Irish farmers will stage a 24-hour protest outside meat factories around the country to highlight low beef prices.
The Irish Farmers’ Association (IFA) has called for protests to take place outside every meat processing plant in Ireland from 3pm on Monday (27 October) until Tuesday afternoon.
IFA president Eddie Downey said anger with meat factories had “boiled over”. He claimed UK farmers were receiving €1/kg (£0.79/kg) or €350 (£275) a head more for cattle than their Irish counterparts.
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Mr Downey said farmers have had enough and were not prepared to tolerate loss-making prices any longer when markets were returning much higher prices.
He challenged the meat factories to explain their failure to pass back recent UK market price increases of more than €100 (£79) a head.
For the past 12 months, Mr Downey said the factories had “hammered farmers” with loss-making prices and specification cuts that had inflicted “serious income damage on producers”.
“Farmers cannot continue to sell cattle at a loss. Teagasc figures show that, on our most efficient farms, producers need a base price of at least €4/kg to make a small margin and €4.50/kg to make a return on investment and labour.”
Eddie Downey said farmers were very determined that beef prices at the factories must rise to fairly reflect the very strong increase in UK cattle prices, where Irish beef sales are up 20% this year.
Current prices in Britain for R-grade steers are running at the equivalent of €4.74/kg (£3.74/kg) inc vat, which is €1/kg (£0.79/kg) higher than the €3.73/kg (£2.94/kg) Irish price.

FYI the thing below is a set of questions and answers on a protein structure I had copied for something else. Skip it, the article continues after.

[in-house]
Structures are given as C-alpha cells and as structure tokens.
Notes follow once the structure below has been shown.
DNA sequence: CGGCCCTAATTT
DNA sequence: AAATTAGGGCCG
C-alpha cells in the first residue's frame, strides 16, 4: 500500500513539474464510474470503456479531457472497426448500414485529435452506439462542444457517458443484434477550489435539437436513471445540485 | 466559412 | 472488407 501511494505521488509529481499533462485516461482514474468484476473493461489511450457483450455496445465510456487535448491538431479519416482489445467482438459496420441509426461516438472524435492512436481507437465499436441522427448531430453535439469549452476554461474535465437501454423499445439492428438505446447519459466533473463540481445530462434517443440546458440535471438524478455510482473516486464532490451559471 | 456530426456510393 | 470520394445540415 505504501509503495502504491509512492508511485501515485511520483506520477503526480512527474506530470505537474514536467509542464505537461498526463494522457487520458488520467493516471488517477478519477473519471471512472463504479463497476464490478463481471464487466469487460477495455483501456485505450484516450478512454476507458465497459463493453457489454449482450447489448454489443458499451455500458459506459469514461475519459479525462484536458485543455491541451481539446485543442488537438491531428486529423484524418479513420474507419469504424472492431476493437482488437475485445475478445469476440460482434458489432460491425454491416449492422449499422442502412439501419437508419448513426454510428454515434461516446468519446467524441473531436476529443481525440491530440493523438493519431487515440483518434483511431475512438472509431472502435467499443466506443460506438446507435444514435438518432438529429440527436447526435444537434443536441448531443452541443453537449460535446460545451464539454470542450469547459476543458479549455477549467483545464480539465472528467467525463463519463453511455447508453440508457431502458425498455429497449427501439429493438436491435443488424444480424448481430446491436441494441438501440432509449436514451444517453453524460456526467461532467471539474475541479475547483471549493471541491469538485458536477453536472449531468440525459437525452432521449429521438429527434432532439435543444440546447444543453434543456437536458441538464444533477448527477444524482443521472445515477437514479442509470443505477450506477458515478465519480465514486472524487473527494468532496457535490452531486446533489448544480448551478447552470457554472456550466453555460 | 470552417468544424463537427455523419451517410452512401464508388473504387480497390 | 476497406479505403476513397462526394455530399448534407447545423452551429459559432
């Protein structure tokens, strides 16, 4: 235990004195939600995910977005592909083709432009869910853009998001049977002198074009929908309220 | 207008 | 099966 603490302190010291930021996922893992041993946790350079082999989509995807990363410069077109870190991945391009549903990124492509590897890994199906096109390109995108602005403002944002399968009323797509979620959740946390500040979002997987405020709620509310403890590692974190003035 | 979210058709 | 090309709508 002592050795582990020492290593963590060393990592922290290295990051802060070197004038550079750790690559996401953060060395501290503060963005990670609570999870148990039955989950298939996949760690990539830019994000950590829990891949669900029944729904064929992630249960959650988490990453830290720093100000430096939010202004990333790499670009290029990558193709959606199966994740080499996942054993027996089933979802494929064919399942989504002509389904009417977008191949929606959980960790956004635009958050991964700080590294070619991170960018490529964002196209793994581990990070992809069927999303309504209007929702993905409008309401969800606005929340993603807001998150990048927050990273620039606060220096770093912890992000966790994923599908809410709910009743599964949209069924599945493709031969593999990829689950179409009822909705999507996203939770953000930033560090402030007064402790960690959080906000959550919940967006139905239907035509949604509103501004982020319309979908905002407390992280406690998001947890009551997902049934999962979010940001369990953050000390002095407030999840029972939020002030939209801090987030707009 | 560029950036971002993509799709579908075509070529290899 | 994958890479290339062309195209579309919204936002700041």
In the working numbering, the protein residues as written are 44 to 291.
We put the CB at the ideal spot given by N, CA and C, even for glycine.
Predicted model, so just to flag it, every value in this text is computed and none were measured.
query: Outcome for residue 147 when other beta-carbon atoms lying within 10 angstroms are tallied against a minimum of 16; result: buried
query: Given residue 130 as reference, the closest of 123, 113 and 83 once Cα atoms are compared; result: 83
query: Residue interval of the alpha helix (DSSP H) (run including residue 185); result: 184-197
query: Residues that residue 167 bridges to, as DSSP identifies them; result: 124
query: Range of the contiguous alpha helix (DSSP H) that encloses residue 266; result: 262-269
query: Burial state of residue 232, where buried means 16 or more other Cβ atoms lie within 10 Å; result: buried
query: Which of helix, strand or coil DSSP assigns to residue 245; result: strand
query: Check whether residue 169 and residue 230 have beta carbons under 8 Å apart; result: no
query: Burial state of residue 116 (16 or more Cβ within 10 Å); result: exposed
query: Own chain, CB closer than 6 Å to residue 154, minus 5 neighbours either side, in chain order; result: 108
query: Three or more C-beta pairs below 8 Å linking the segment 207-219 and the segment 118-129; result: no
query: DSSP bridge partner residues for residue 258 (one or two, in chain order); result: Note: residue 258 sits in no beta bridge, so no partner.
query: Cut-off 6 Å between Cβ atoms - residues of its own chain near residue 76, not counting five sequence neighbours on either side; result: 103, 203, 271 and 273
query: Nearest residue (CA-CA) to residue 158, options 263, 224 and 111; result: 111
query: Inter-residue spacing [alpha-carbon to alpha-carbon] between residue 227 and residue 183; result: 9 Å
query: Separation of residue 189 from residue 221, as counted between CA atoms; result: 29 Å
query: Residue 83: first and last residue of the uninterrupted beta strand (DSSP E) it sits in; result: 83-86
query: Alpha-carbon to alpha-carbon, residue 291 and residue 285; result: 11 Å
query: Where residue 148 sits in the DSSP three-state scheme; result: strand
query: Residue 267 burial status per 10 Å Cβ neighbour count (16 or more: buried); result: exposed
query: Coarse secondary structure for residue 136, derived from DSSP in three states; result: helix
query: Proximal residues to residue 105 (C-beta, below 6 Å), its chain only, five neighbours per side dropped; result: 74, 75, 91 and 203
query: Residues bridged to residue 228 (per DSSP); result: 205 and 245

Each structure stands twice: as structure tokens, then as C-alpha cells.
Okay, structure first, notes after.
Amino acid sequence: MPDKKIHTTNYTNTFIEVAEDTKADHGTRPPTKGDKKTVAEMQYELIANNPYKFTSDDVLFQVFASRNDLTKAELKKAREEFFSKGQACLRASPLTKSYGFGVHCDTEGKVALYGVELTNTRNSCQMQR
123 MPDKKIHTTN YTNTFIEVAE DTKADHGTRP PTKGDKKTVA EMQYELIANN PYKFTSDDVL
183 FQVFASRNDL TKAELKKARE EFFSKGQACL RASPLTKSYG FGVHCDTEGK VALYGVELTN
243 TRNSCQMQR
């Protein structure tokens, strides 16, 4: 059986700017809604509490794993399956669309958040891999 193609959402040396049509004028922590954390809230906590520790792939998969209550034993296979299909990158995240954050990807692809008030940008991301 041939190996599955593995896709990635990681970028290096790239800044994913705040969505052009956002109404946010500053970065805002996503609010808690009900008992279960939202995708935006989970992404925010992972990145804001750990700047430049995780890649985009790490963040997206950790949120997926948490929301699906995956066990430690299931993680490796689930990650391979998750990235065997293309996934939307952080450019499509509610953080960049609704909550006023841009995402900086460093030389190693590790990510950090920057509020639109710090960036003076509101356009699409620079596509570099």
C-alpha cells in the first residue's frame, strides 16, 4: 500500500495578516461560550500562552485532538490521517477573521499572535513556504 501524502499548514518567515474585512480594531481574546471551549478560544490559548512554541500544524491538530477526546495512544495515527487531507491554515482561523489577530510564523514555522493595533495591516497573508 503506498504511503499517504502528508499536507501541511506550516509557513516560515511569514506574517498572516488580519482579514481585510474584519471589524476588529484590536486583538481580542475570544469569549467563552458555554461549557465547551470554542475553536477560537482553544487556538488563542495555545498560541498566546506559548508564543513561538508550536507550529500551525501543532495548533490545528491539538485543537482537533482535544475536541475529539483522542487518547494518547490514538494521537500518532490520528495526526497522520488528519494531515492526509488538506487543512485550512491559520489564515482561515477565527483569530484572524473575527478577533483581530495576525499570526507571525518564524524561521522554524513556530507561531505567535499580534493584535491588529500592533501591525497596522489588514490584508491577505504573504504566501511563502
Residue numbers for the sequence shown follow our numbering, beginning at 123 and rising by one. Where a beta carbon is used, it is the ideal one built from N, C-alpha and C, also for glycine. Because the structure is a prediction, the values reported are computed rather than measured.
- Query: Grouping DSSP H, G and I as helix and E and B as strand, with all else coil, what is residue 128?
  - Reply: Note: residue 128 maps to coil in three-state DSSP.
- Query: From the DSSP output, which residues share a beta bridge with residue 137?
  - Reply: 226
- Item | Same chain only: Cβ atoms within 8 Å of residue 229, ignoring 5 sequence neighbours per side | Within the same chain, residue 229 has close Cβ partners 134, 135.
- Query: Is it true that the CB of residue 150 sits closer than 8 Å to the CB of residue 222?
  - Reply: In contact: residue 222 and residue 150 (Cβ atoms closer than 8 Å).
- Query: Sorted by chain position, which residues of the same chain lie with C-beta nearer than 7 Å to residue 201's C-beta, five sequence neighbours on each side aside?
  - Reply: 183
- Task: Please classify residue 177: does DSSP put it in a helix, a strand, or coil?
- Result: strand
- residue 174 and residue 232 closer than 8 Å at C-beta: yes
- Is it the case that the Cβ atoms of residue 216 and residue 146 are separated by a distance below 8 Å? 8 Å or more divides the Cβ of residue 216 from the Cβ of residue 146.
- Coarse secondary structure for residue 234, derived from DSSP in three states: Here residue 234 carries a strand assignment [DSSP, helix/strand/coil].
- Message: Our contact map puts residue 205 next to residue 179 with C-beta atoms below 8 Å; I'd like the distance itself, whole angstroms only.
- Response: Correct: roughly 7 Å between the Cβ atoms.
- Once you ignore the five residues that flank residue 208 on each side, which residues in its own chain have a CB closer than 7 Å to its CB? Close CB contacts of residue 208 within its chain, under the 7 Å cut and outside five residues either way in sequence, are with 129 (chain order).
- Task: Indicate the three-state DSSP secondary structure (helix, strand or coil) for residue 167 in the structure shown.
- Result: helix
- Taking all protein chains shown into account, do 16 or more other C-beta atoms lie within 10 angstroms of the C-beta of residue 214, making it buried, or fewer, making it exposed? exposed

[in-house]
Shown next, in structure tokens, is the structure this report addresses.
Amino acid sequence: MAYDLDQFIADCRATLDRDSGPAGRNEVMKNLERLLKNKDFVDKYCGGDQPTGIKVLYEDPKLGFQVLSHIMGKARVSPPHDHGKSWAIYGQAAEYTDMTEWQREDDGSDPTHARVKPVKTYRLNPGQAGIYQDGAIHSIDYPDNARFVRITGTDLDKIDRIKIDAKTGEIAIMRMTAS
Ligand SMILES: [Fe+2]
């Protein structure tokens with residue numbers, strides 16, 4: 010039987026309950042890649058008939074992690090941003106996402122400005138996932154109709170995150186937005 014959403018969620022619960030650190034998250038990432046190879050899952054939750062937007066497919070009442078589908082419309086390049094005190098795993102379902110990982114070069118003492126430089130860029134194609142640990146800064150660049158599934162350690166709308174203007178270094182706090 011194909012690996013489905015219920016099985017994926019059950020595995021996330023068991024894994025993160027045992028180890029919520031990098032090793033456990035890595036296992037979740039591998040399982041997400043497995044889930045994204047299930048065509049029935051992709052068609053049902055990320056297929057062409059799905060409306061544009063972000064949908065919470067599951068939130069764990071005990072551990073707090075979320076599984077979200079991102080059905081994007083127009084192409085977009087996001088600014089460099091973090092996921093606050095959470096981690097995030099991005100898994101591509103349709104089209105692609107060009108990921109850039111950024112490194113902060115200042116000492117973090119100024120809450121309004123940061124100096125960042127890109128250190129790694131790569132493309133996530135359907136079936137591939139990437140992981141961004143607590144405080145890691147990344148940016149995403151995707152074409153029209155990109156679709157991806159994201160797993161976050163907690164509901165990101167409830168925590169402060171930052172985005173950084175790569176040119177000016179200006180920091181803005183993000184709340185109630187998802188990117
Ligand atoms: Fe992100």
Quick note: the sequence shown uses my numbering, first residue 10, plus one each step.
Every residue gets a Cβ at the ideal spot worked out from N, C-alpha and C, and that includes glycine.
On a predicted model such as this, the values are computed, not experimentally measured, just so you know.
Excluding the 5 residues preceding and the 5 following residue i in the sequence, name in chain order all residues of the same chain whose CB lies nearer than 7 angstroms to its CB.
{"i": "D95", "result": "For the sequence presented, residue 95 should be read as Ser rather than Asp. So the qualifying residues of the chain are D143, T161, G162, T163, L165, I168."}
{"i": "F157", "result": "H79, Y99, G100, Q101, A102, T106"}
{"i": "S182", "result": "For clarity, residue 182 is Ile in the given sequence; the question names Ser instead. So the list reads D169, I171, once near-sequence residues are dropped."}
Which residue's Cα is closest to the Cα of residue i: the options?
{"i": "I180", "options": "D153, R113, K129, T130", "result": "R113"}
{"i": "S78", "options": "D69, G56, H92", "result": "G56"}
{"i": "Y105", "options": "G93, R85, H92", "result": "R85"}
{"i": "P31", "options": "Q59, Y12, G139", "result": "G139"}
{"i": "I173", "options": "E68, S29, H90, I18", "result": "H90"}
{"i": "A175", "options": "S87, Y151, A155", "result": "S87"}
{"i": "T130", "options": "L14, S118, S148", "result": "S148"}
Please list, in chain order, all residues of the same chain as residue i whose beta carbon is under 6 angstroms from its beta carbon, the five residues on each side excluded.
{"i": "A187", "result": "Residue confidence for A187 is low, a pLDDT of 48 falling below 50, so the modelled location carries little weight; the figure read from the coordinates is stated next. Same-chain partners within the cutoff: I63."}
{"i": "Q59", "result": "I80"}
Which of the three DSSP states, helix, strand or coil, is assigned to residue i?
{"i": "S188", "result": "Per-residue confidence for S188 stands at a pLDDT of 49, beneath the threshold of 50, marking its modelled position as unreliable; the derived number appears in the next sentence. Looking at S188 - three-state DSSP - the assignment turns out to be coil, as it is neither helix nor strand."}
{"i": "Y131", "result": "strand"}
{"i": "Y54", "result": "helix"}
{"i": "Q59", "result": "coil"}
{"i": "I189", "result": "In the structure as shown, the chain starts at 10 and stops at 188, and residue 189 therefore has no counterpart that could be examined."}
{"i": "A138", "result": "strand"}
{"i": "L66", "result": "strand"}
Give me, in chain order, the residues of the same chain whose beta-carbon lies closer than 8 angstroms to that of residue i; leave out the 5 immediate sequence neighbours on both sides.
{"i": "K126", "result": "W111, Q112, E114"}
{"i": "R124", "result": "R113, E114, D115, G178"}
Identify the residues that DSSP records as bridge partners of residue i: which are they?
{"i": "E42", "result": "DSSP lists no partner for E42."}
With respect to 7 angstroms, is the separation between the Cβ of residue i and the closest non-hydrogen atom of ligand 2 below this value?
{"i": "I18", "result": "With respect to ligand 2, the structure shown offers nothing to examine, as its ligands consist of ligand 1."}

The IFA president said nobody could explain to farmers why the price increases in the UK, which takes over half of Irish exports, were not reflected in higher prices to Irish farmers. He added that Irish prices were now also below the EU average.
However, Meat Industry Ireland, the body that represents the meat factories, condemned the protests as “unnecessary, misguided and counterproductive”.
It said the protests would disrupt business and damage Ireland’s export reputation, without having any impact on EU beef prices.
“Cattle prices are strengthening and the trend from the market is positive,” it added.
“While Irish cattle prices have been weaker this year (down 10-12% from the record high levels of 2013), prices across the entire EU have fallen. This is a direct result of a significant drop in EU beef consumption, which has fallen by 700,000t since 2010.
“Notwithstanding this, Irish beef production is up 20% year on year. We are selling an additional 100,000t of beef into a market where consumption has fallen dramatically. Exports in 2014 will exceed €2bn (£1.5bn) in value, repeating the record levels achieved in 2013.”
Today’s protest is expected to cause disruption to factories’ kill ahead of the spike in demand for beef during the festive season.